Public utilities commissions require utilities to demonstrate the value of their proposed investments. Right now, “the prices are not helping out the evaluation,” said David Chiesa, senior director of global business development at S&C Electric, which initially partnered with ComEd to implement the Beecher pilot. Limited resources have stalled the steady price decrease lately, but that will pick back up as developers find alternatives, he said.
Several experts said they hope the technology evolves beyond lithium-ion batteries to more efficient and environmentally responsible options. Flow batteries, for example, offer a faster charge time and can potentially last longer, both in charge and lifespan.Flywheel storage is another option. These could be useful for utility-scale projects, but lithium-ion remains the most cost-effective option for now.
Policy is another big piece. In addition to long-term deployment plans, several states have incentive programs for storage, and some state commissions have issued guidance for utilities to include storage in their integrated resource plans. Illinois isn’t there yet, but policy experts and researchers said it’s well positioned to get there, as long as decision-makers are proactive.
“It would be very nice for there to be some type of tie-in between energy storage and solar,” Chiesa said. State and federal incentive programs often focus on solar development, but “what would be nice is to see an extension of that to allow solar-plus-storage, because solar-plus-storage is so much more valuable than solar alone.
“Having those two things tied together at the regulatory level would really spur the development of energy storage,” lowering prices and creating a market for the technology, Chiesa said.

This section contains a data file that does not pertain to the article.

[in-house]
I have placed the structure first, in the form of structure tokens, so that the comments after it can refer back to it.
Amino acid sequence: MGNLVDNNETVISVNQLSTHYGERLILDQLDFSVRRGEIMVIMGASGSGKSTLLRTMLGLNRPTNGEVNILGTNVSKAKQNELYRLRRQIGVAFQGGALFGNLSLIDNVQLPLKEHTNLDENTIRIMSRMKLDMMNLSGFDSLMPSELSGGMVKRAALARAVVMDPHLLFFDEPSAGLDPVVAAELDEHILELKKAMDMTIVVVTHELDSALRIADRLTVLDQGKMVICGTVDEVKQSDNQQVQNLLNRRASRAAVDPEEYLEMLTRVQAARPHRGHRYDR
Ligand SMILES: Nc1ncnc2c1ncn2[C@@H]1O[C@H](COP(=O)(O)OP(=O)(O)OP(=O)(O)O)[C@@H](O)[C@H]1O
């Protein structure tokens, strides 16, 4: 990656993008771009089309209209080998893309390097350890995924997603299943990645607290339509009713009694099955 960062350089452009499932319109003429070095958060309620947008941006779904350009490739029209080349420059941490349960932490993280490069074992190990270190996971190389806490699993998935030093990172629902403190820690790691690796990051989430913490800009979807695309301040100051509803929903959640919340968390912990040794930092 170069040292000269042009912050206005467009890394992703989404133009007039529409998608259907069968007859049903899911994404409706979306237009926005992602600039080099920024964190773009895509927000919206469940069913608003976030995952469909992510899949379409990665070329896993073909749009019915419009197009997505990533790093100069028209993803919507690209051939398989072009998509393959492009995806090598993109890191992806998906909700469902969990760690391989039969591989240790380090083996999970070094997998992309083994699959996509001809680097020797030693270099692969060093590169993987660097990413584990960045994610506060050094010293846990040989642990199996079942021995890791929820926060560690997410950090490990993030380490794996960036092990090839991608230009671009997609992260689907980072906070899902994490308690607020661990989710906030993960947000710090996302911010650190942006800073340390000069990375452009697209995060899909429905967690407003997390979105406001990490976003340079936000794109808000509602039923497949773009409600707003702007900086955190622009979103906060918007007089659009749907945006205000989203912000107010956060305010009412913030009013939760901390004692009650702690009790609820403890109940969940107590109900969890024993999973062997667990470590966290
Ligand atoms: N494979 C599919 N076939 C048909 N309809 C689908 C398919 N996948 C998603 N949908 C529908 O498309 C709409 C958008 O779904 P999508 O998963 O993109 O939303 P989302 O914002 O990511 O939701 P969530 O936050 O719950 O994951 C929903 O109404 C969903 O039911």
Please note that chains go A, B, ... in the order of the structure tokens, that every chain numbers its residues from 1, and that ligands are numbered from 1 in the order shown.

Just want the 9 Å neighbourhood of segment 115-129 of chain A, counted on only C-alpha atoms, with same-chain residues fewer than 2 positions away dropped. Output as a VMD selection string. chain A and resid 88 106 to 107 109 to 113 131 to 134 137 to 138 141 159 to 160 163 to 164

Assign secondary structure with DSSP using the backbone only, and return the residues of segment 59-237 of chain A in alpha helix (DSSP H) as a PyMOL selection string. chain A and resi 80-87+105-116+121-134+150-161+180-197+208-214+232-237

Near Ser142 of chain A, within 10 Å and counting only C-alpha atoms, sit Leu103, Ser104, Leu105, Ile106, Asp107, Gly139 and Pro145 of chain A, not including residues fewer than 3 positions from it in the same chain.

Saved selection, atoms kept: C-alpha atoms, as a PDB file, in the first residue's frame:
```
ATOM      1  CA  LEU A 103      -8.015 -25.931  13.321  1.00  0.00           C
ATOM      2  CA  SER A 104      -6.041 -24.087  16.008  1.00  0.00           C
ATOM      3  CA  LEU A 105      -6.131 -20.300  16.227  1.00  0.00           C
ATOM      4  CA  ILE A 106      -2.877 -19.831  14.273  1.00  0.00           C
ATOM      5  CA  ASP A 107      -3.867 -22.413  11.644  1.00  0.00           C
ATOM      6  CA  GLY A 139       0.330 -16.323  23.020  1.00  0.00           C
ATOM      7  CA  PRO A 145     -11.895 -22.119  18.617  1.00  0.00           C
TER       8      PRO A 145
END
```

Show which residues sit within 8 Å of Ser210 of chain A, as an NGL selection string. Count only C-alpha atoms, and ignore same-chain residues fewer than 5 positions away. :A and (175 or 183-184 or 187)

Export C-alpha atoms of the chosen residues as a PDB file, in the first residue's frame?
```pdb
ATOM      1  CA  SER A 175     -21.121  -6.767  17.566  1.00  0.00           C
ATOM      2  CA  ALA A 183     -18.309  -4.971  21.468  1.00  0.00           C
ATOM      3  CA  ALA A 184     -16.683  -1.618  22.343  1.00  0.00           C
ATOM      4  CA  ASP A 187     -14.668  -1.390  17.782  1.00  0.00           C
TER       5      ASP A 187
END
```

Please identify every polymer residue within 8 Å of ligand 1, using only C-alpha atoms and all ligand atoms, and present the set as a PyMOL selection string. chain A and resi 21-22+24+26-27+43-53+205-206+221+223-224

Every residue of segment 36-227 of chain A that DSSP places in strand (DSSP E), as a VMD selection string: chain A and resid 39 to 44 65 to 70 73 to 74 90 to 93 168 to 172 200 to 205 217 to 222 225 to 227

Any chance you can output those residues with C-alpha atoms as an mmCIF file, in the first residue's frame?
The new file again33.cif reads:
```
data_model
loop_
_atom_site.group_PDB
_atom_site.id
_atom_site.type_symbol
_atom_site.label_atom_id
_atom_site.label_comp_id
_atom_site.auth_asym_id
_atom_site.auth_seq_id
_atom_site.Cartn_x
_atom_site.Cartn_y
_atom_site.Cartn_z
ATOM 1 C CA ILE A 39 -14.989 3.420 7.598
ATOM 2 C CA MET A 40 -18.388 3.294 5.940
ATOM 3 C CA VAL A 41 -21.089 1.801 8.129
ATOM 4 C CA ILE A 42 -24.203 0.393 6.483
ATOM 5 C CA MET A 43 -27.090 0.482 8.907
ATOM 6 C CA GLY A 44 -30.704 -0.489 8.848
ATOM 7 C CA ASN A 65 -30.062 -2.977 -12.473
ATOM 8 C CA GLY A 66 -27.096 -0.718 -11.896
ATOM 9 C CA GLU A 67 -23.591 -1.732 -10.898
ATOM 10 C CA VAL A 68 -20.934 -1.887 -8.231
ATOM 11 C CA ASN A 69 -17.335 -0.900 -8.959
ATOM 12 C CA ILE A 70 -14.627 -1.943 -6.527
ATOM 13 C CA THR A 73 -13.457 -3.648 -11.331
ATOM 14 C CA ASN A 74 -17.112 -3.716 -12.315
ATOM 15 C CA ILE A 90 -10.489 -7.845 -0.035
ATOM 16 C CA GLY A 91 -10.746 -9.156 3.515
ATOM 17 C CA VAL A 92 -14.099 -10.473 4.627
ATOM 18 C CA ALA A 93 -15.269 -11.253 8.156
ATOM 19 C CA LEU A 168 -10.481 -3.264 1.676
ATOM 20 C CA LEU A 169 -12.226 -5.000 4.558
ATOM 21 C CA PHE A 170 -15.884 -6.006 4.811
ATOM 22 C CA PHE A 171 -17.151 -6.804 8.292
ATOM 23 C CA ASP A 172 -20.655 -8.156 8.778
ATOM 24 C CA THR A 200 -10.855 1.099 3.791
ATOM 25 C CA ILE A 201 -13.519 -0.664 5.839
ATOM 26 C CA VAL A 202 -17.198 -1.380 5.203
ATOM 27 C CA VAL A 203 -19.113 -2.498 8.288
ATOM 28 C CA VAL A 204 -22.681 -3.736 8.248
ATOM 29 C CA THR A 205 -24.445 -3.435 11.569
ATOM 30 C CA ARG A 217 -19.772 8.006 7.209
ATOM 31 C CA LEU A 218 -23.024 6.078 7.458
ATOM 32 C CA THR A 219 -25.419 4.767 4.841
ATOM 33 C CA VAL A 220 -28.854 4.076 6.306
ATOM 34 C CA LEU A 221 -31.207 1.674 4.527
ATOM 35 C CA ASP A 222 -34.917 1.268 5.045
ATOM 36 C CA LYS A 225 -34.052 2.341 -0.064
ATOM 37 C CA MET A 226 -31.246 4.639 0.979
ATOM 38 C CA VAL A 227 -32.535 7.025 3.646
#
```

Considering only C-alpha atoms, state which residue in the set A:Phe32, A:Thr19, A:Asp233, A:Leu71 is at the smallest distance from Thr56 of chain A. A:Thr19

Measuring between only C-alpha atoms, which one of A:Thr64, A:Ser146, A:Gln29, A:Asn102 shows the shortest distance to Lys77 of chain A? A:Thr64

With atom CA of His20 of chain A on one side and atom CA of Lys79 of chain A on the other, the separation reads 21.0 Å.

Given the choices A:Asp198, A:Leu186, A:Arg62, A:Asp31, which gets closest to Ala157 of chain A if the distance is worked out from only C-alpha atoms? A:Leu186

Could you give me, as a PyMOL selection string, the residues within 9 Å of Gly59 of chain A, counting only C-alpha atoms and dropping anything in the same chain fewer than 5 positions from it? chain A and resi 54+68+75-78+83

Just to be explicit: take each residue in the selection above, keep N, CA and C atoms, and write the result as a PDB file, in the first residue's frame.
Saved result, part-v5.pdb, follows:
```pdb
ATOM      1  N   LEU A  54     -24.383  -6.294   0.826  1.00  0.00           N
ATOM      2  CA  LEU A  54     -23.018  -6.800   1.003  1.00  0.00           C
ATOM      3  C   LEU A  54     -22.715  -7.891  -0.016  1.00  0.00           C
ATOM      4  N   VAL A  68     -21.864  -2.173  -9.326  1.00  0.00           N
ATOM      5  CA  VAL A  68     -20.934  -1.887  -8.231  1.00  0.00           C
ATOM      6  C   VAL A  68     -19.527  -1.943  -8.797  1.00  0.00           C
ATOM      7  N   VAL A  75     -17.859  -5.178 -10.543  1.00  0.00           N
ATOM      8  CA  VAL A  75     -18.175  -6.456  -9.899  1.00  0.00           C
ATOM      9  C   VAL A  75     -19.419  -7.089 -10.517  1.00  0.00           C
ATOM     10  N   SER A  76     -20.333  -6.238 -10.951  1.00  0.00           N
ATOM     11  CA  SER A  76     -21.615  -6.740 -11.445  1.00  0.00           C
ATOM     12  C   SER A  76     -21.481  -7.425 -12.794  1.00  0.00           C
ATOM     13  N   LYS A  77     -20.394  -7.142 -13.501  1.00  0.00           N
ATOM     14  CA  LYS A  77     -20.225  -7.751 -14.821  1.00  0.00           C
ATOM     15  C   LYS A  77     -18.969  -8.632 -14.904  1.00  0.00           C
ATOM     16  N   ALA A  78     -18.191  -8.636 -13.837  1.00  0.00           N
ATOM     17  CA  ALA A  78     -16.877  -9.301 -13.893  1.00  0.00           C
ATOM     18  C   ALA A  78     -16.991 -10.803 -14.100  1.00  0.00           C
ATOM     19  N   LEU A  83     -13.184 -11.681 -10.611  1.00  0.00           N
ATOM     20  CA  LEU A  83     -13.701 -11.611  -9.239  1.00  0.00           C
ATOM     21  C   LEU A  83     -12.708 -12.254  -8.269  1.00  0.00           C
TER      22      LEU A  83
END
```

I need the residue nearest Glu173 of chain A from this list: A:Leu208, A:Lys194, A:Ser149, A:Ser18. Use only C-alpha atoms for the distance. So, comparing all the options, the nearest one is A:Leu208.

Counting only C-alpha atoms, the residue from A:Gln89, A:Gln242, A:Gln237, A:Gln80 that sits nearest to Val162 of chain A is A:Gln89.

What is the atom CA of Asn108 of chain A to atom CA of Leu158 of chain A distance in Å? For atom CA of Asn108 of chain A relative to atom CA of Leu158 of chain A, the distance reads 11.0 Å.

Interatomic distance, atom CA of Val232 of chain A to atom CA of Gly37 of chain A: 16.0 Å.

The Illinois Commerce Commission held a policy session on storage last June, after which several staff members raised the possibility of a cost-benefit analysis.
While the state has seen minimal policy action on the storage end, “there is a good opportunity for storage in Illinois,” Jason Burwen, vice president of policy at the Energy Storage Association, wrote in emailed comments. For one, he said, the wholesale market offers opportunities for storage, especially as regional transmission organizations like PJM and MISO (both of which cover parts of Illinois) prepare to implement FERC Order 841, in which the Federal Energy Regulatory Commission ruled that storage must be allowed to participate in the markets like generation. It’s already been able to participate to some degree in PJM for several years.
Additionally, Burwen said, “Illinois customers have the same desire for cost savings and resilience that any other state has, and storage will be an important part of integrating higher levels of renewables in state and enhancing Illinois’ distribution system infrastructure.”
“All these technologies will play an important role in the evolution of the 21st-century grid,” Bahramirad said, adding that she predicts storage will be a “key grid asset” in the next five years. “Storage is especially important to realizing the potential of renewable energy.”